422 F.2d 543
UNITED STATES of America, Plaintiff-Appellee,
Lawrence BRAICO and Ronald Routa, Defendants-Appellants.
UNITED STATES of America, Plaintiff-Appellee,
Fred DeMAIO, Defendant-Appellant.
United States Court of Appeals Seventh Circuit.
January 14, 1970.
Rehearing En Banc in No. 17298 Denied February 19, 1970.
Rehearing En Banc in No. 17364 Denied March 27, 1970.
Certiorari Denied May 18, 1970.
See 90 S.Ct. 1712.
Julius Lucius Echeles, Martin S. Gerber, Ronald Alwin, Chicago, Ill., for defendants-appellants.
Thomas A. Foran, U. S. Atty., Michael B. Nash, Asst. U. S. Atty., Chicago, Ill., for plaintiff-appellee.
Before KNOCH, Senior Circuit Judge, KERNER, Circuit Judge, and GORDON, District Judge.
MYRON L. GORDON, District Judge.1
This is an appeal from convictions entered against the three appellants. The charges stem from the sale in Chicago of goods stolen in Iowa.
Two of the appellants, Mr. Braico and Mr. Routa, were convicted of violating 18 U.S.C. § 2315 by receiving stolen property; the third appellant, Mr. DeMaio, was convicted of the same crime, but he was charged in a separate count of the indictment. In addition, all of the appellants, together with Mr. Fernandez, a seller of the stolen property, were convicted of violating 18 U.S.C. § 371, by conspiring to violate § 2315.
The appellants contend that the conspiracy was not properly charged or proved. While it is not denied that Mr. Braico and Mr. Routa were properly joined as defendants, it is urged that the joinder of those two with Mr. DeMaio was error. The appellants contend that this alleged misjoinder prejudiced each of them.
I. THE CONSPIRACY COUNT
The evidence showed that on August 2, 1967, two men, Mr. Fernandez and Mr. Garland, robbed a jewelry store in Bettendorf, Iowa. Afterward, they went to Chicago where they sought a buyer for the stolen goods. Mr. DeMaio bought approximately one-third of the goods for $2200; he offered to pay $3500 for the rest, but this offer was declined.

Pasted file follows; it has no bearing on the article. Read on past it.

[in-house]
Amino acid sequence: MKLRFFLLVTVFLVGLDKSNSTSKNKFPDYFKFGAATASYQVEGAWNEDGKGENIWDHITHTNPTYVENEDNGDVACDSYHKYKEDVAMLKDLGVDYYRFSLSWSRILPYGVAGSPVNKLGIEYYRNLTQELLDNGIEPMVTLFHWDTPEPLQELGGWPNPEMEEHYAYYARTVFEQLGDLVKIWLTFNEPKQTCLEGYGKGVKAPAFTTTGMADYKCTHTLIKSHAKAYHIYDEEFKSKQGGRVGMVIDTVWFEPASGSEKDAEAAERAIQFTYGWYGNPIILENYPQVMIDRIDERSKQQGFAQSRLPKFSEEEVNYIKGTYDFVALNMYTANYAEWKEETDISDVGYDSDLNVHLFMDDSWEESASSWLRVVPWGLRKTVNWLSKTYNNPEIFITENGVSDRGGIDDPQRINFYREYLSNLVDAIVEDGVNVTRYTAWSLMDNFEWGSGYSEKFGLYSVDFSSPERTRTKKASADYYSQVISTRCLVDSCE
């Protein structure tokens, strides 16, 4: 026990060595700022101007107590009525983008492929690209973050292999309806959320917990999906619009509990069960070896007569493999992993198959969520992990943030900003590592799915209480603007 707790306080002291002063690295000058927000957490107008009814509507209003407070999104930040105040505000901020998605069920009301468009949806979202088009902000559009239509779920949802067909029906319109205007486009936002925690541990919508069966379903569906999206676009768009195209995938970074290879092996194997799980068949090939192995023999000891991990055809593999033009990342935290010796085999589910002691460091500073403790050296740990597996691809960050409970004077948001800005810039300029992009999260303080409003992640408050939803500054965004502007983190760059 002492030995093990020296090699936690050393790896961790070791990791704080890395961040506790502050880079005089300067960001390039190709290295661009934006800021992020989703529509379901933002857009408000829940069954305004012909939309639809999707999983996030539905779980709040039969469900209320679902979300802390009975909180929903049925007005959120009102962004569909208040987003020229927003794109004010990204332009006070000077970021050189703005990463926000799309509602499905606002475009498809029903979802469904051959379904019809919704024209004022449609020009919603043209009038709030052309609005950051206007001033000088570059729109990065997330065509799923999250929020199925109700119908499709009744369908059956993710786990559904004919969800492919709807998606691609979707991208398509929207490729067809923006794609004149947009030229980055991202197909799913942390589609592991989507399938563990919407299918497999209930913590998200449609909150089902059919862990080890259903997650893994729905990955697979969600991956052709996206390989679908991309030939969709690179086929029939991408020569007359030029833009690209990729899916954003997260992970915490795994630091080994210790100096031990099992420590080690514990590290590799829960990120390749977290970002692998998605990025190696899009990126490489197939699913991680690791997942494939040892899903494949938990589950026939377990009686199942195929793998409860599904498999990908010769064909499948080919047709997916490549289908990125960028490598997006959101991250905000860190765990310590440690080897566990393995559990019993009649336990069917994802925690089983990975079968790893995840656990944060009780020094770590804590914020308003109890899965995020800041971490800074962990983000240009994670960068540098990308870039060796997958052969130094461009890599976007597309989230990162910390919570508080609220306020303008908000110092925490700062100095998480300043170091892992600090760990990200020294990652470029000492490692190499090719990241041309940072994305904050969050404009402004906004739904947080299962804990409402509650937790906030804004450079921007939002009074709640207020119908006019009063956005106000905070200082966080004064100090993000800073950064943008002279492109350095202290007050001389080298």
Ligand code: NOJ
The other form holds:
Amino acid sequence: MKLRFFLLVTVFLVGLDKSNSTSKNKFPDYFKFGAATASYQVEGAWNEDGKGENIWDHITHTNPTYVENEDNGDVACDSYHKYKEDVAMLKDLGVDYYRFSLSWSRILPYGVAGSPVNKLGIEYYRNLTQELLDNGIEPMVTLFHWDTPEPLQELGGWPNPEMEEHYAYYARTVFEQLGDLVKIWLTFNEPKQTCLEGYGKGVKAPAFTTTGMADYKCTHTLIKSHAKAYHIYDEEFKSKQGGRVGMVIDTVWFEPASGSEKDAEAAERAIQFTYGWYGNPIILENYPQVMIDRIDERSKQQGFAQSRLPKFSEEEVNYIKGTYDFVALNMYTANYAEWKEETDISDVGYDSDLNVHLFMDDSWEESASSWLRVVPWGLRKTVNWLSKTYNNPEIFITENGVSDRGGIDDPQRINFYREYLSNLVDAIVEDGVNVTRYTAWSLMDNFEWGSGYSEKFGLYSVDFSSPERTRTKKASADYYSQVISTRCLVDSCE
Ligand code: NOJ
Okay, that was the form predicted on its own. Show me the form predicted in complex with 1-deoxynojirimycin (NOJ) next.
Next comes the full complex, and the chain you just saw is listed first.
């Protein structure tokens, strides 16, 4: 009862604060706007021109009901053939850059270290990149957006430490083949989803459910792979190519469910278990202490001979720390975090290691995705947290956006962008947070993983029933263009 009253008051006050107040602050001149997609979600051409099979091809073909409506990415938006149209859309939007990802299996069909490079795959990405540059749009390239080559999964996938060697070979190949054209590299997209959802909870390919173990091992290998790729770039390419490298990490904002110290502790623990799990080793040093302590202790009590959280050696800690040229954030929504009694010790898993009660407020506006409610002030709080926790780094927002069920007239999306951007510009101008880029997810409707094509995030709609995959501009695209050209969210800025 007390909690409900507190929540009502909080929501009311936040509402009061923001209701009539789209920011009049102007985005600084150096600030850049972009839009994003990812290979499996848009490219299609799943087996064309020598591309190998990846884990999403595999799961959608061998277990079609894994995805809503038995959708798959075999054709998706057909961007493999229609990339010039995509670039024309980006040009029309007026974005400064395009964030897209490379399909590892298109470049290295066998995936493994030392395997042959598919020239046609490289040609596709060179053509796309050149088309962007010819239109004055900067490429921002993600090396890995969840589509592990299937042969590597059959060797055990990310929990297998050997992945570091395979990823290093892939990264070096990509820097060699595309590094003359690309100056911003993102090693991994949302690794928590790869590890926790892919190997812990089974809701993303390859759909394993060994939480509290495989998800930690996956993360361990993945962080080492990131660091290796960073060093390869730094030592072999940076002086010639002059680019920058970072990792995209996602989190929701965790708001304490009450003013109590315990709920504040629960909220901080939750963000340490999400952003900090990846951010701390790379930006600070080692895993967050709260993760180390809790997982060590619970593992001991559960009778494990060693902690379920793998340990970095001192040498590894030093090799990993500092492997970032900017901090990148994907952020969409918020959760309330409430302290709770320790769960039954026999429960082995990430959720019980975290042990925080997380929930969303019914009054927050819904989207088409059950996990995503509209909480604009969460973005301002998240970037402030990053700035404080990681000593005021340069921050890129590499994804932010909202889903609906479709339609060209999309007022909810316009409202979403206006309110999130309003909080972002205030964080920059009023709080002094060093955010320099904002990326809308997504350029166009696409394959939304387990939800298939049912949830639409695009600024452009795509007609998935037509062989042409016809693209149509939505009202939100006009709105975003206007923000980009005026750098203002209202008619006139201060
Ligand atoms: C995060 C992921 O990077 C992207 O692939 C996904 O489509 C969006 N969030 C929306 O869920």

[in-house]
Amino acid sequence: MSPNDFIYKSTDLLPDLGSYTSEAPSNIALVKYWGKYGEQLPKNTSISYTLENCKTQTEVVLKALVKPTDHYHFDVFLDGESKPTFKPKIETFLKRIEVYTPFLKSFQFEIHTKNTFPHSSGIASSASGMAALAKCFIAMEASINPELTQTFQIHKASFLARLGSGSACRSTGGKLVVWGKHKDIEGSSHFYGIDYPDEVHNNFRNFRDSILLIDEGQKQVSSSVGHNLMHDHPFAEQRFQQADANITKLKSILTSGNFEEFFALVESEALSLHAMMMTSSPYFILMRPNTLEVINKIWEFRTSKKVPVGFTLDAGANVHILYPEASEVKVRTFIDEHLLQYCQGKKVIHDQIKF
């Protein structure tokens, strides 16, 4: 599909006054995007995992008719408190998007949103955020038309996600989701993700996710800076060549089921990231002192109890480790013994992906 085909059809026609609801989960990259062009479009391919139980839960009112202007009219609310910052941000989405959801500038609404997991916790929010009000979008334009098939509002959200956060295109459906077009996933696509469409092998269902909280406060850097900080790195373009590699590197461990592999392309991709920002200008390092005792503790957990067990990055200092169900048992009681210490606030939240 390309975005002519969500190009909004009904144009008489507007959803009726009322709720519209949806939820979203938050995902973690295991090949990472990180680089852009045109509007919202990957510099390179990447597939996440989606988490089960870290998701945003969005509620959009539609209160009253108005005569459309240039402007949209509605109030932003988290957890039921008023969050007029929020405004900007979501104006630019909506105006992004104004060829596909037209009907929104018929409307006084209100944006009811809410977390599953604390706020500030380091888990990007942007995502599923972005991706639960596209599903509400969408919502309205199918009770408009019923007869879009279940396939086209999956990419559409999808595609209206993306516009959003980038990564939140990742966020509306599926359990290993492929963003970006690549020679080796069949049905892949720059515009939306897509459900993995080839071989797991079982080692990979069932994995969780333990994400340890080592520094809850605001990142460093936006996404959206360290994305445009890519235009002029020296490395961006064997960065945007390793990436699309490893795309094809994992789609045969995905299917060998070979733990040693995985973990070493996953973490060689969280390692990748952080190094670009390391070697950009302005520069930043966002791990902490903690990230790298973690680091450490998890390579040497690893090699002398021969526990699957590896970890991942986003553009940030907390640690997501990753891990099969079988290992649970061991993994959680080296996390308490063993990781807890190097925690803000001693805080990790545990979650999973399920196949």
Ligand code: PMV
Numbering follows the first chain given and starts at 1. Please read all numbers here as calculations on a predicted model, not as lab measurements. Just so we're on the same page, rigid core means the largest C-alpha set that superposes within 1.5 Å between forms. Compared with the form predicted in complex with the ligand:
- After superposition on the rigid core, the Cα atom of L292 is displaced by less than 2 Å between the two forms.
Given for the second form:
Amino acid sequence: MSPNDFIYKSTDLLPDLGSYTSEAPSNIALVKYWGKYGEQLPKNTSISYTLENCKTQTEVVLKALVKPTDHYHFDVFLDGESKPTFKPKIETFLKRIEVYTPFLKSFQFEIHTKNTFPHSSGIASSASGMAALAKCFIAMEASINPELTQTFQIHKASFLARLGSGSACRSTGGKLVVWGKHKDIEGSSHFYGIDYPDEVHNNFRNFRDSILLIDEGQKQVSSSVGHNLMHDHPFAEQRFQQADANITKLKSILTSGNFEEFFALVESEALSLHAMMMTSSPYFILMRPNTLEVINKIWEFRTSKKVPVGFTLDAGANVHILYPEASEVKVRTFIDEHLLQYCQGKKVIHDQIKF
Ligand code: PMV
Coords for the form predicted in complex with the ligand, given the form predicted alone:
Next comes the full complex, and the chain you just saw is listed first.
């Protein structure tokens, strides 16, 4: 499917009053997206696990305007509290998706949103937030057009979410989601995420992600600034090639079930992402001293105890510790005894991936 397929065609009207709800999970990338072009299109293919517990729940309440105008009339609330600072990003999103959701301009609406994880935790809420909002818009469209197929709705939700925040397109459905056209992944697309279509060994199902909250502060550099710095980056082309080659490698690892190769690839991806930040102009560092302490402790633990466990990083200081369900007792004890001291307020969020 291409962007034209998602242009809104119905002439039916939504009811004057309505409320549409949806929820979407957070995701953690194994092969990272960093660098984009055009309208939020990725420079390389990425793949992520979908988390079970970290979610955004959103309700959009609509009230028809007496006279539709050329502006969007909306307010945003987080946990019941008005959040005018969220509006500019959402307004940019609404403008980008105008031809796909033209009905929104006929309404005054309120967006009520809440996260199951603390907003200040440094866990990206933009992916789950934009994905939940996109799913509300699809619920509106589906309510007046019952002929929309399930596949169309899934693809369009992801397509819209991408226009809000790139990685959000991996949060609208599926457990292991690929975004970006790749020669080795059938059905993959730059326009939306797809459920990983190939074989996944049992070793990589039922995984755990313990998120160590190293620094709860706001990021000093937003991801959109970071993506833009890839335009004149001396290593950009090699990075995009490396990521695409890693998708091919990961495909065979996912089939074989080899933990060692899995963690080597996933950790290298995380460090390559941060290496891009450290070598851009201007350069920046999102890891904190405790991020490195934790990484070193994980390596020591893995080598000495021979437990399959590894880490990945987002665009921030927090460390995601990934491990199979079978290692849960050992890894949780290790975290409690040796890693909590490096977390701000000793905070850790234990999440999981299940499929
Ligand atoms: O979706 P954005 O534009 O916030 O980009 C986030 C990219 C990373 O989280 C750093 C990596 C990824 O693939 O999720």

They then contacted the defendants, Mr. Braico and Mr. Routa, and offered to sell them the remaining goods for $4500. After Mr. Braico and Mr. Routa had made inquiries among acquaintances to whom they might resell the goods, they advised Mr. Fernandez and Mr. Garland that it would be difficult to resell the goods if they paid $4500 because "Johnny Diamond" (who was identified at the trial as Mr. DeMaio) had "put out the word" that he could get the remaining goods for $3500. However, after further bargaining, they purchased the goods for $4500.
No evidence was adduced at the trial as to any agreement existing at any time among all three of the appellants. No evidence was adduced that any of the three had had any understanding with Mr. Fernandez or with Mr. Garland prior to or contemporaneous with the robbery. These were unrelated purchases of the stolen goods by the appellants, and such transactions do not reflect a conspiracy in the absence of proof of an agreement as to this transaction or as to some other concert of action. United States v. Ford, 324 F.2d 950, 952 (7th Cir. 1963).
In United States v. Varelli, 407 F.2d 735, 748 (7th Cir. 1969), Judge Kerner, writing for this court, observed that certain named defendants
"* * * were all involved with the distribution of merchandise stolen in interstate commerce. None of these parties were involved with the theft of either the Polaroid equipment or the silver shipments. The relation of buyer and seller even with knowledge of the character of the goods being sold is insufficient to make the buyer a conspirator."
Because it is clear that no conspiracy was proved, we need not consider the alternative contention of the appellants that the indictment did not properly charge a conspiracy.